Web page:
A.C., C.G. and D.B. are the primary authors who conceived and designed the study. D.H., A.G., K.K., J.R., C.W., K.W., S.T.S,. J.I., G.T. and J.M. were directly involved in the design and conduct of the PANNA study and included patients on TDF and/or FTC. A.C. was primarily responsible for conducting analyses of the data and the writing of the manuscript. All authors collectively contributed to interpreting results and drafting and editing of the paper.
We thank the patients for participating in this study and the laboratory personnel at the Laboratory of the Department of Pharmacy of the Radboud University Nijmegen Medical Centre for analysing the samples. We thank the staff from the centres participating in the PANNA network (not mentioned in the author's list):
Erasmus MC Rotterdam, The Netherlands: Dr M.E. van der Ende.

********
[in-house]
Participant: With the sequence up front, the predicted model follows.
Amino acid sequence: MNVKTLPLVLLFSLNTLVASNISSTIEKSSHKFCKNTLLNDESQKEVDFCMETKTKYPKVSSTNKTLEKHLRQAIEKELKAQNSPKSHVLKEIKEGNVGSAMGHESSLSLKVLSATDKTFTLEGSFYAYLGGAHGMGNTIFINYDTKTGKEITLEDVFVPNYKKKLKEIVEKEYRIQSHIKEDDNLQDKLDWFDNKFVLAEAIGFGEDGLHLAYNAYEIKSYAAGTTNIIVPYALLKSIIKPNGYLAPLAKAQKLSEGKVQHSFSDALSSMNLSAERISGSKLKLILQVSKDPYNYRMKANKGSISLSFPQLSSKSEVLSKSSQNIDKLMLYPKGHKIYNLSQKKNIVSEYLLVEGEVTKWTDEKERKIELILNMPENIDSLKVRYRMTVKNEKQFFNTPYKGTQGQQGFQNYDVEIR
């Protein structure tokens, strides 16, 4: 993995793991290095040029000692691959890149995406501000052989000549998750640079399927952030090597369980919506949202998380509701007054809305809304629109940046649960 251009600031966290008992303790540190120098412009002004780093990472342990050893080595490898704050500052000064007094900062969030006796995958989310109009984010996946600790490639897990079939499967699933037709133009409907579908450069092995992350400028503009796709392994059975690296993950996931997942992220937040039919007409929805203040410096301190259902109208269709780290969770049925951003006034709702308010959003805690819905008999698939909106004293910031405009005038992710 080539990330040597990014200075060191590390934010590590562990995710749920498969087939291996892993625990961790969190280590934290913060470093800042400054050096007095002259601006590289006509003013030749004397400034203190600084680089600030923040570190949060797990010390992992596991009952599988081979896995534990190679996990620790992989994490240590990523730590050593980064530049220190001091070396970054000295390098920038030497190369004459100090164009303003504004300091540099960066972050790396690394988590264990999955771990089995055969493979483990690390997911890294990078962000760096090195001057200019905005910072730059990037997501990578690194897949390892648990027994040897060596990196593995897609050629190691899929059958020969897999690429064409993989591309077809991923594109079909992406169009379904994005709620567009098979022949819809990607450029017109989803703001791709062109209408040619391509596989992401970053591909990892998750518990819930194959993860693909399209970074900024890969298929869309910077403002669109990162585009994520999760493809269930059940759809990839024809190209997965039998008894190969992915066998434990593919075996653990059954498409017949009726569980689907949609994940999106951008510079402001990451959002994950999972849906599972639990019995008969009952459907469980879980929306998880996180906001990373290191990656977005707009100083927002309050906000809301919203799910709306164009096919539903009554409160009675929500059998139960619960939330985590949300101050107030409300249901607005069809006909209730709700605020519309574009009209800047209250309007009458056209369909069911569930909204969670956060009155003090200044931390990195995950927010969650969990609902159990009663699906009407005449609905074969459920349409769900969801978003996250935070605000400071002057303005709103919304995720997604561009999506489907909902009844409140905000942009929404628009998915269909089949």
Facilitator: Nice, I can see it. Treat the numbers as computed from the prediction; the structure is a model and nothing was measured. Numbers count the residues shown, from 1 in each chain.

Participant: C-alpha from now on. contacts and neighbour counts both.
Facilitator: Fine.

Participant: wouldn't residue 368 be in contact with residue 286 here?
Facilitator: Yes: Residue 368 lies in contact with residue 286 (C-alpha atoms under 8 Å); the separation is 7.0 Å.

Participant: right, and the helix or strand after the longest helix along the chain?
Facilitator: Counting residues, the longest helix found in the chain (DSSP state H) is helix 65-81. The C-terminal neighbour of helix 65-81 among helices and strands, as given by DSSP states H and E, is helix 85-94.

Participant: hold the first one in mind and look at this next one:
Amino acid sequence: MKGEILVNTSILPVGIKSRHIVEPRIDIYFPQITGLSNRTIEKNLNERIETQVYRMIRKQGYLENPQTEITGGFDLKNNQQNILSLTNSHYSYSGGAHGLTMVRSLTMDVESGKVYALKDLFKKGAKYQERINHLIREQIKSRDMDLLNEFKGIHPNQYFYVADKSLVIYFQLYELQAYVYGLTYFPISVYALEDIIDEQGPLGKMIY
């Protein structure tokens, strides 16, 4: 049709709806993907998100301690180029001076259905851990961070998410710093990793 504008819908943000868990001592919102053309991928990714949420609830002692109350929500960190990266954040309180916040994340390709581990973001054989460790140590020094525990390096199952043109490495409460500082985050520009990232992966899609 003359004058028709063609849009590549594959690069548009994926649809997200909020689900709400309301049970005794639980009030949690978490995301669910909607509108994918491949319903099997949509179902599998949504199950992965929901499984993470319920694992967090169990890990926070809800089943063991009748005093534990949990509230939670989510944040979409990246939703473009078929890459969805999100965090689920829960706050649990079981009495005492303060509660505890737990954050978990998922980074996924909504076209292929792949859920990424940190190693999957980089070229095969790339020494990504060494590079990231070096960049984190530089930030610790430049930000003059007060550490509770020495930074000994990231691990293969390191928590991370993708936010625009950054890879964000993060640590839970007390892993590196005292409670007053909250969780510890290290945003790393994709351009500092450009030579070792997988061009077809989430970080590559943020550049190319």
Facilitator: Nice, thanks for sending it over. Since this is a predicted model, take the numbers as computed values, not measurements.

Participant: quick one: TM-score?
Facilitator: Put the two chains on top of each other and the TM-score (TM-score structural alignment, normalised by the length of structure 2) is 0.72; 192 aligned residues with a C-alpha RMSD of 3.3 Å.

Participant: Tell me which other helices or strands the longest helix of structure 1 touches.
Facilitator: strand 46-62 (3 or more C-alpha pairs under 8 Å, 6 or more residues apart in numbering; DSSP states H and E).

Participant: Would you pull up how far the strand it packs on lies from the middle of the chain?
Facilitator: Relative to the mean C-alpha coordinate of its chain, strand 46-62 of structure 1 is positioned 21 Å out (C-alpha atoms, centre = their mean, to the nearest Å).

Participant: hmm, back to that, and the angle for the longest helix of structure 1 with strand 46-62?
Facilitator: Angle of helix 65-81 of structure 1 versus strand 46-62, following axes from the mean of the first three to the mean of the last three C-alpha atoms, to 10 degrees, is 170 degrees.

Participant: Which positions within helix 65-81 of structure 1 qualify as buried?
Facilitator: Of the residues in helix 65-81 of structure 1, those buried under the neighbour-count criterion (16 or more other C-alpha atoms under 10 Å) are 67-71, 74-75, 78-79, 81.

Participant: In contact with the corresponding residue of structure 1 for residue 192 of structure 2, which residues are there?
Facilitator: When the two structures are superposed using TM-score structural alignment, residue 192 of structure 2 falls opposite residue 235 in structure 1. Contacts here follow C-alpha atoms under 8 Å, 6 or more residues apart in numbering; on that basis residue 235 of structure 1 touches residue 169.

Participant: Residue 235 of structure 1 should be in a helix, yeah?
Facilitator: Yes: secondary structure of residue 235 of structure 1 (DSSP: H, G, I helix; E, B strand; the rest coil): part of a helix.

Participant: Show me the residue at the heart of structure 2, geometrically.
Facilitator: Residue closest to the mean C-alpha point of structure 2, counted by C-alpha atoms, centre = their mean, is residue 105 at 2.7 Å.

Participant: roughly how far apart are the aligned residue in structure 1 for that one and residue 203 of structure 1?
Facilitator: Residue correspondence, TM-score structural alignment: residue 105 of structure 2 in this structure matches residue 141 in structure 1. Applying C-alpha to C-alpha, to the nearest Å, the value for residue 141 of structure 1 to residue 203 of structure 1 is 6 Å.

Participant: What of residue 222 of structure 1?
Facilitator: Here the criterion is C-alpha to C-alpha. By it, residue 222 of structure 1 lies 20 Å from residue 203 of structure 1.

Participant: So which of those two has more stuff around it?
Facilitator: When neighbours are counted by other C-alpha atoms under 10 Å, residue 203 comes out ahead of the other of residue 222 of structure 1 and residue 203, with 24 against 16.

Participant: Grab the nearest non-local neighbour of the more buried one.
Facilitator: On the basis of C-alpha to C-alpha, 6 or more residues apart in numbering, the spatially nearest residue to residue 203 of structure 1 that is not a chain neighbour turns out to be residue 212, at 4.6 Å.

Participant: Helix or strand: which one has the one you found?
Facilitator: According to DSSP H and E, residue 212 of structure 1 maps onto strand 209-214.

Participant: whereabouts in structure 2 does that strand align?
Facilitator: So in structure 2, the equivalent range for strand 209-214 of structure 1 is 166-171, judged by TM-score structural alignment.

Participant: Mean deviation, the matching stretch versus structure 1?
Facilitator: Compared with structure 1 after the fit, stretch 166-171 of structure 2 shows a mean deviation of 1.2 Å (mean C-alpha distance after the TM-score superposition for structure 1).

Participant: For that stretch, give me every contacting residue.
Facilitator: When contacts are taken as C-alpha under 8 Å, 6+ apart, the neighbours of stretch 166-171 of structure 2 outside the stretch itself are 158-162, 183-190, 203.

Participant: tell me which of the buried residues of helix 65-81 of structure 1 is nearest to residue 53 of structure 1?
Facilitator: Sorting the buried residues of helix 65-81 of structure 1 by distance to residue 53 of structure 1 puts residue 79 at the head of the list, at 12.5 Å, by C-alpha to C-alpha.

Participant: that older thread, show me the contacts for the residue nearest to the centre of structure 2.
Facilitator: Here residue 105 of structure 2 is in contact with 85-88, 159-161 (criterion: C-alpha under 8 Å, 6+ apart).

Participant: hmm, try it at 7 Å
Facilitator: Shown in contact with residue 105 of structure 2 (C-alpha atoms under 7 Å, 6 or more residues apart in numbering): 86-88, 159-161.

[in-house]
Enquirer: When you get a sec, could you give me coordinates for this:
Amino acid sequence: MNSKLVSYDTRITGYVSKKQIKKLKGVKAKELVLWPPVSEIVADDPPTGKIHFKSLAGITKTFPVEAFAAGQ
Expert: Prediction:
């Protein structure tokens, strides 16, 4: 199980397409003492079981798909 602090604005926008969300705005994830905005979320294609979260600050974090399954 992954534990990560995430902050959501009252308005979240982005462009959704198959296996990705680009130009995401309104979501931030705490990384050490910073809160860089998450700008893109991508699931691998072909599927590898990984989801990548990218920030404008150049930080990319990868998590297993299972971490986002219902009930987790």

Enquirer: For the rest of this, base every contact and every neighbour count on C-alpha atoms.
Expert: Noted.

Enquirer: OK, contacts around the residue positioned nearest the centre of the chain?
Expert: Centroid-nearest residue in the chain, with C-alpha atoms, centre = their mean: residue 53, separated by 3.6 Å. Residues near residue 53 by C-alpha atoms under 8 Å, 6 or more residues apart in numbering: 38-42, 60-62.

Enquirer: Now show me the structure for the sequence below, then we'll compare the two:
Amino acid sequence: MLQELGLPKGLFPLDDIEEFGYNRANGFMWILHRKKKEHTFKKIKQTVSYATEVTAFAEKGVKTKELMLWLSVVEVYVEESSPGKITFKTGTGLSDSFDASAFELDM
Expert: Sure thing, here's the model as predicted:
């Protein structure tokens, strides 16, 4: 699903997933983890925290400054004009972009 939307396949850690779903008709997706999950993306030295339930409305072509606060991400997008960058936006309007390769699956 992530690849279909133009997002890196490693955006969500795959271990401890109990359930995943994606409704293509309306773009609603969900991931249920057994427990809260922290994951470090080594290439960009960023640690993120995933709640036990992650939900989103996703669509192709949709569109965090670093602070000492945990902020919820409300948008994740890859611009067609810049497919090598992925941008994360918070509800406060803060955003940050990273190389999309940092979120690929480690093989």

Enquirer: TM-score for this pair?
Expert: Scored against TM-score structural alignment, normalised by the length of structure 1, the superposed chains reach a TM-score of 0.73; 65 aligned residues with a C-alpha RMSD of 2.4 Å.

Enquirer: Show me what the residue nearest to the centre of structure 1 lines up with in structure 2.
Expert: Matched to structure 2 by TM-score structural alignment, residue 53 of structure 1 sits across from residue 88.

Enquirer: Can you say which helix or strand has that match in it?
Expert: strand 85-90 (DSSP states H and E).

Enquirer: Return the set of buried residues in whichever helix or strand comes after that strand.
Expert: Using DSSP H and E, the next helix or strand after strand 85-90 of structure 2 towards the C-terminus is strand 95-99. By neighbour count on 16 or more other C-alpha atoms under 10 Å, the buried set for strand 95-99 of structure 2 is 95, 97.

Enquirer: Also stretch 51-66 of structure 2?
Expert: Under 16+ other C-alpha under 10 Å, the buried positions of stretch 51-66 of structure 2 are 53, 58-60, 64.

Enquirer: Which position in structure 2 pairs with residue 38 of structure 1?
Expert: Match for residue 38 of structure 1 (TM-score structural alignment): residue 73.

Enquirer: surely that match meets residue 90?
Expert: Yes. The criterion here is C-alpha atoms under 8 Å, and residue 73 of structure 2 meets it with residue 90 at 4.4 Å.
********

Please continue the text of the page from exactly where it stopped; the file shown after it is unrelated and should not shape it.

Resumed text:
Hospital Virgen de las Nieves, Granada, Spain: C. Hidalgo.
Mater Misericordiae University Hospital Dublin, Ireland: Dr J. Lambert.
Radboud University Nijmegen Medical Centre, Nijmegen, The Netherlands: Dr A.J.A.M. van der Ven and Dr A. Warris.
Academisch Medisch Centrum, Amsterdam, The Netherlands: Dr J. Nellen.
St James's Hospital Dublin, Ireland: Dr F. Lyons.
Johann Wolfgang Goethe-Universität, Frankfurt am Main, Germany: A. Haberl.
Conflicts of interest
Source of support that requires acknowledgement: The PANNA network is financially supported by the ‘European AIDS Treatment Network (NEAT)’, European Commission, DG Research, 6th Framework program, contract LSHP-CT-2006-037570, BMS and MSD.
C.W. has received consulting fees from Boehringer Ingelheim, fees for speaking engagements from Bristol-Myers Squibb, Gilead Sciences, ViiV Healthcare, MSD, Janssen-Cilag, Essex, Pfizer and Abbott. D.B. has received honoraria and/or study grants from Tibotec, Merck, Abbott, BMS, Roche, Gilead and GSK. J.R. has received honoraria for consulting or speaking fees from Abbott, Boehringer, BMS, Bionor, Gilead, GSK, Janssen, Merck, Pfizer, Tibotec and ViiV.
A.C., D.H., A.G., K.K., K.W., S.T.S., J.I., C.G., G.T. and J.H. have no conflicts of interest to declare.